In the battle against cancer, which kills nearly 8 million people worldwide each year, doctors have in their arsenal many powerful weapons, including various forms of chemotherapy and radiation. What they lack, however, is good reconnaissance—a reliable way to obtain real-time data about how well a particular therapy is working for any given patient.

Magnetic resonance imaging and other scanning technologies can indicate the size of a tumor, while the most detailed information about how well a treatment is working comes from pathologists’ examinations of tissue taken in biopsies. Yet these methods offer only snapshots of , and the invasive nature of biopsies makes them a risky procedure that clinicians try to minimize.

Now, researchers at MIT’s Koch Institute for Integrative Cancer Research are closing that information gap by developing a tiny biochemical sensor that can be implanted in cancerous tissue during the initial biopsy. The sensor then wirelessly sends data about telltale biomarkers to an external “reader” device, allowing doctors to better monitor a patient’s progress and adjust dosages or switch therapies accordingly. Making cancer treatments more targeted and precise would boost their efficacy while reducing patients’ exposure to serious side effects.

“We wanted to make a device that would give us a chemical signal about what’s happening in the tumor,” says Michael Cima, the David H. Koch (1962) Professor in Engineering in the Department of Materials Science and Engineering and a Koch Institute investigator who oversaw the sensor’s development. “Rather than waiting months to see if the tumor is shrinking, you could get an early read to see if you’re moving in the right direction.”

Two MIT doctoral students in Cima’s lab worked with him on the sensor project: Vincent Liu, now a postdoc at MIT, and Christophoros Vassiliou, now a postdoc at the University of California at Berkeley. Their research is featured in a paper in the journal Lab on a Chip that has been published online.

Measurements without MRI

The developed by Cima’s team provide real-time, on-demand data concerning two biomarkers linked to a tumor’s response to treatment: pH and dissolved oxygen.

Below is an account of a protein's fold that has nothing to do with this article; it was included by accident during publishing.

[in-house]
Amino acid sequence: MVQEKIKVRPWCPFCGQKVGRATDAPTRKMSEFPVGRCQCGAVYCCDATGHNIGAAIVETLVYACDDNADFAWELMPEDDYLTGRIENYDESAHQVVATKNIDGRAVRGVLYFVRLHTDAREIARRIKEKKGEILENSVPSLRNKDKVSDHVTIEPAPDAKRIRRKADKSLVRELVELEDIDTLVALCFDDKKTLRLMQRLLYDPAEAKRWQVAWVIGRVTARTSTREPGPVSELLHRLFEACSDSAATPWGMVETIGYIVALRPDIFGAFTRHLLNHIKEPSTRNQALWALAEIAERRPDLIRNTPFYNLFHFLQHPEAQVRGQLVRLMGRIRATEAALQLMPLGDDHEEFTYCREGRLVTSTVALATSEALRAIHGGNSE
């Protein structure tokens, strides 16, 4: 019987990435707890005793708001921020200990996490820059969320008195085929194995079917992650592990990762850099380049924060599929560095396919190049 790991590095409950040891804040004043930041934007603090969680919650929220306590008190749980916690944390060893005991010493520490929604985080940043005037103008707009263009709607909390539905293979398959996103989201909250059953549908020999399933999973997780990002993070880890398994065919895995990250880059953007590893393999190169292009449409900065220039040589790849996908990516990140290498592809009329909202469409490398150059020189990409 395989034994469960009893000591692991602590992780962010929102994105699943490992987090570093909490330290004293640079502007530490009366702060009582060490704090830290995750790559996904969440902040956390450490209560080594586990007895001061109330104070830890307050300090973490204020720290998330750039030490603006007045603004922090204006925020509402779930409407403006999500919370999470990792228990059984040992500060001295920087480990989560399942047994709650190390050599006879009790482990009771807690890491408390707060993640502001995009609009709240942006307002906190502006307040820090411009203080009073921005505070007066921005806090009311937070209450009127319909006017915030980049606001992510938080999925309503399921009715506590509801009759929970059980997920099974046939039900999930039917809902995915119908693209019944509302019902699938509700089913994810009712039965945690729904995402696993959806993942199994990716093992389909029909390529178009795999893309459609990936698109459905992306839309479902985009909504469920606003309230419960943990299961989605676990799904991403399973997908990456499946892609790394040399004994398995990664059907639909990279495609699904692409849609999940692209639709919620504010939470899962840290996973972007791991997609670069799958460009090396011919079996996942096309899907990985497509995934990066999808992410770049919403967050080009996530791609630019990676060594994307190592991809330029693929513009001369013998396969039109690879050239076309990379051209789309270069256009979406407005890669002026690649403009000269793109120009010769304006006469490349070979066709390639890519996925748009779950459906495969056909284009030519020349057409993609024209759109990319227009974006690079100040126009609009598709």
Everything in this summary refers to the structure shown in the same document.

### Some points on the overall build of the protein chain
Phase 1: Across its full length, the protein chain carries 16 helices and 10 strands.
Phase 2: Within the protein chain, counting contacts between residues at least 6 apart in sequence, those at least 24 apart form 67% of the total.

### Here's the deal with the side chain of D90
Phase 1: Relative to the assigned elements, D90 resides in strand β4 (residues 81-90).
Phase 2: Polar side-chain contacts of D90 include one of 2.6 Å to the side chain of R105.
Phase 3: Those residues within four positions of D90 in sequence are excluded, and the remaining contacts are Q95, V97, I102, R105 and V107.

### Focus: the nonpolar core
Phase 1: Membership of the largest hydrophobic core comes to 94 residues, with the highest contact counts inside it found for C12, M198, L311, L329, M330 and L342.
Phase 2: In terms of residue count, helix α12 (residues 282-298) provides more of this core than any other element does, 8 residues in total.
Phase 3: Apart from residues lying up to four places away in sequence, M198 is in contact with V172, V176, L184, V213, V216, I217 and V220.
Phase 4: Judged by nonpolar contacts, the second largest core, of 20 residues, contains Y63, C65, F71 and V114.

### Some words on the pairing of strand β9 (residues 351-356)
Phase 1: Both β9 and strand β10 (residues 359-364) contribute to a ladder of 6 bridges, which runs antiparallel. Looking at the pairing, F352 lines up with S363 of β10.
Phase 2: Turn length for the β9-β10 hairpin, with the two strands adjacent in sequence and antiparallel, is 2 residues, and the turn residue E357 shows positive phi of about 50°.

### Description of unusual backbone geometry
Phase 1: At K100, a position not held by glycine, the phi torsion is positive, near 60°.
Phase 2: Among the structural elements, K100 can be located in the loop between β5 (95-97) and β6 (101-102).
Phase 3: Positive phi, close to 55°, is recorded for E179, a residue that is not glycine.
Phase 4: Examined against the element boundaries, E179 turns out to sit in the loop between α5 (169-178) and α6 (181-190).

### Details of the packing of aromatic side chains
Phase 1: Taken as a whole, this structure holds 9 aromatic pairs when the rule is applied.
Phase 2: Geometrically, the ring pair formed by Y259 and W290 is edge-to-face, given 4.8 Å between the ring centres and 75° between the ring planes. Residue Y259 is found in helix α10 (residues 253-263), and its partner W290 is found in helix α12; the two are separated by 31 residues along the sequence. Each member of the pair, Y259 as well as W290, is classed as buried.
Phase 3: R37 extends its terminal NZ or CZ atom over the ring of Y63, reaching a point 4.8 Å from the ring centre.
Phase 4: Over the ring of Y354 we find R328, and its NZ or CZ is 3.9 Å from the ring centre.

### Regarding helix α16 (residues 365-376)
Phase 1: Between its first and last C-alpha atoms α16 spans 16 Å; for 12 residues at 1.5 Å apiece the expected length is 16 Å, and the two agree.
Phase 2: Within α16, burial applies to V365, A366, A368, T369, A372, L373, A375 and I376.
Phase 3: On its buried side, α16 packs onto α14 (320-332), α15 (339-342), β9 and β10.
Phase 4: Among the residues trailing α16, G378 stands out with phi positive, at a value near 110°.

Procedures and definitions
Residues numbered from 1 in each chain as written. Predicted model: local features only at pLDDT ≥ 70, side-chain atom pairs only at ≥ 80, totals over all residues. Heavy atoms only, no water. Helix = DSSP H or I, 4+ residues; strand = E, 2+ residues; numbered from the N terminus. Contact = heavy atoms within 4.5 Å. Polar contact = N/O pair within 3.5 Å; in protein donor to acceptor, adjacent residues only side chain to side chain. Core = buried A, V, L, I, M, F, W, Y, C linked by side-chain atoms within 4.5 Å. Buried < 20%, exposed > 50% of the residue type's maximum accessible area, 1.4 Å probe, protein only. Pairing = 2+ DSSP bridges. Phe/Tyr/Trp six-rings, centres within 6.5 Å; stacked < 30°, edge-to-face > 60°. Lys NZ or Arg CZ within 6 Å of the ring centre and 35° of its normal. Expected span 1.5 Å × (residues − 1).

As Cima explains, when is under assault from chemotherapy agents, it becomes more acidic. “Many times, you can see the response chemically before you see a tumor actually shrink,” Cima says. In fact, some therapies will trigger an immune system reaction, and the inflammation will make the tumor appear to be growing, even while the therapy is effective.

Source : http://phys.org/news/2015-08-biochemical-sensor-implanted-biopsy-doctors.html#jCp

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‘Single-molecule Tetris’ allows scientists to observe DNA at the nanoscale

Physicists are using a technique reminiscent of a classic video game to observe DNA on the nanoscale. They call it “single-molecule Tetris.” The approach consists of a device filled with tiny channels and cavities that DNA molecules can move in and out of, resulting in some of the familiar Tetris shapes, like the “L,” the square, and the zigzag (illustrated above: a DNA molecule, in red, occupies four cavities in a zigzag). As the chainlike molecules bend or jump into different shapes, researchers use that information to measure two very specific characteristics of DNA molecules—the width and the confined free energy, or entropy of the molecule. Here, entropy relates to how many ways the energy of the molecule can be arranged. Physically, it correlates to the different shapes the molecule can take while maintaining the same distance between its two ends. Scientists collected data, published this month in Macromolecules, on these parameters to show the precise conditions under which DNA can be trapped in the cavities. It’s a feat that’s extremely difficult to do on such a minute scale, but thanks to single-molecule Tetris, these physicists now have results that could help biologists improve genome sequencing and tease out valuable genetic information from these tiny, confined bits of DNA.

Source link : http://news.sciencemag.org/chemistry/2015/07/single-molecule-tetris-allows-scientists-observe-dna-nanoscale

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Studies confirm regorafenib benefit in pre-treated metastatic colorectal cancer

The Phase IIIb CONSIGN study has confirmed the benefit of regorafenib in patients with previously treated metastatic colorectal cancer (mCRC).

Researchers announced the results at the European Society for Medical Oncology (ESMO) World Congress on Gastrointestinal Cancer 2015 in Barcelona

The safety profile and progression free survival were similar to Phase III trial results.

CONSIGN was a prospective, observational study that was initiated to allow patients with mCRC access to regorafenib before marketing authorisation and to assess safety, which was the primary endpoint. The randomised Phase III CORRECT trial previously showed that regorafenib significantly improves survival in patients with pre-treated mCRC and led to regulatory approval.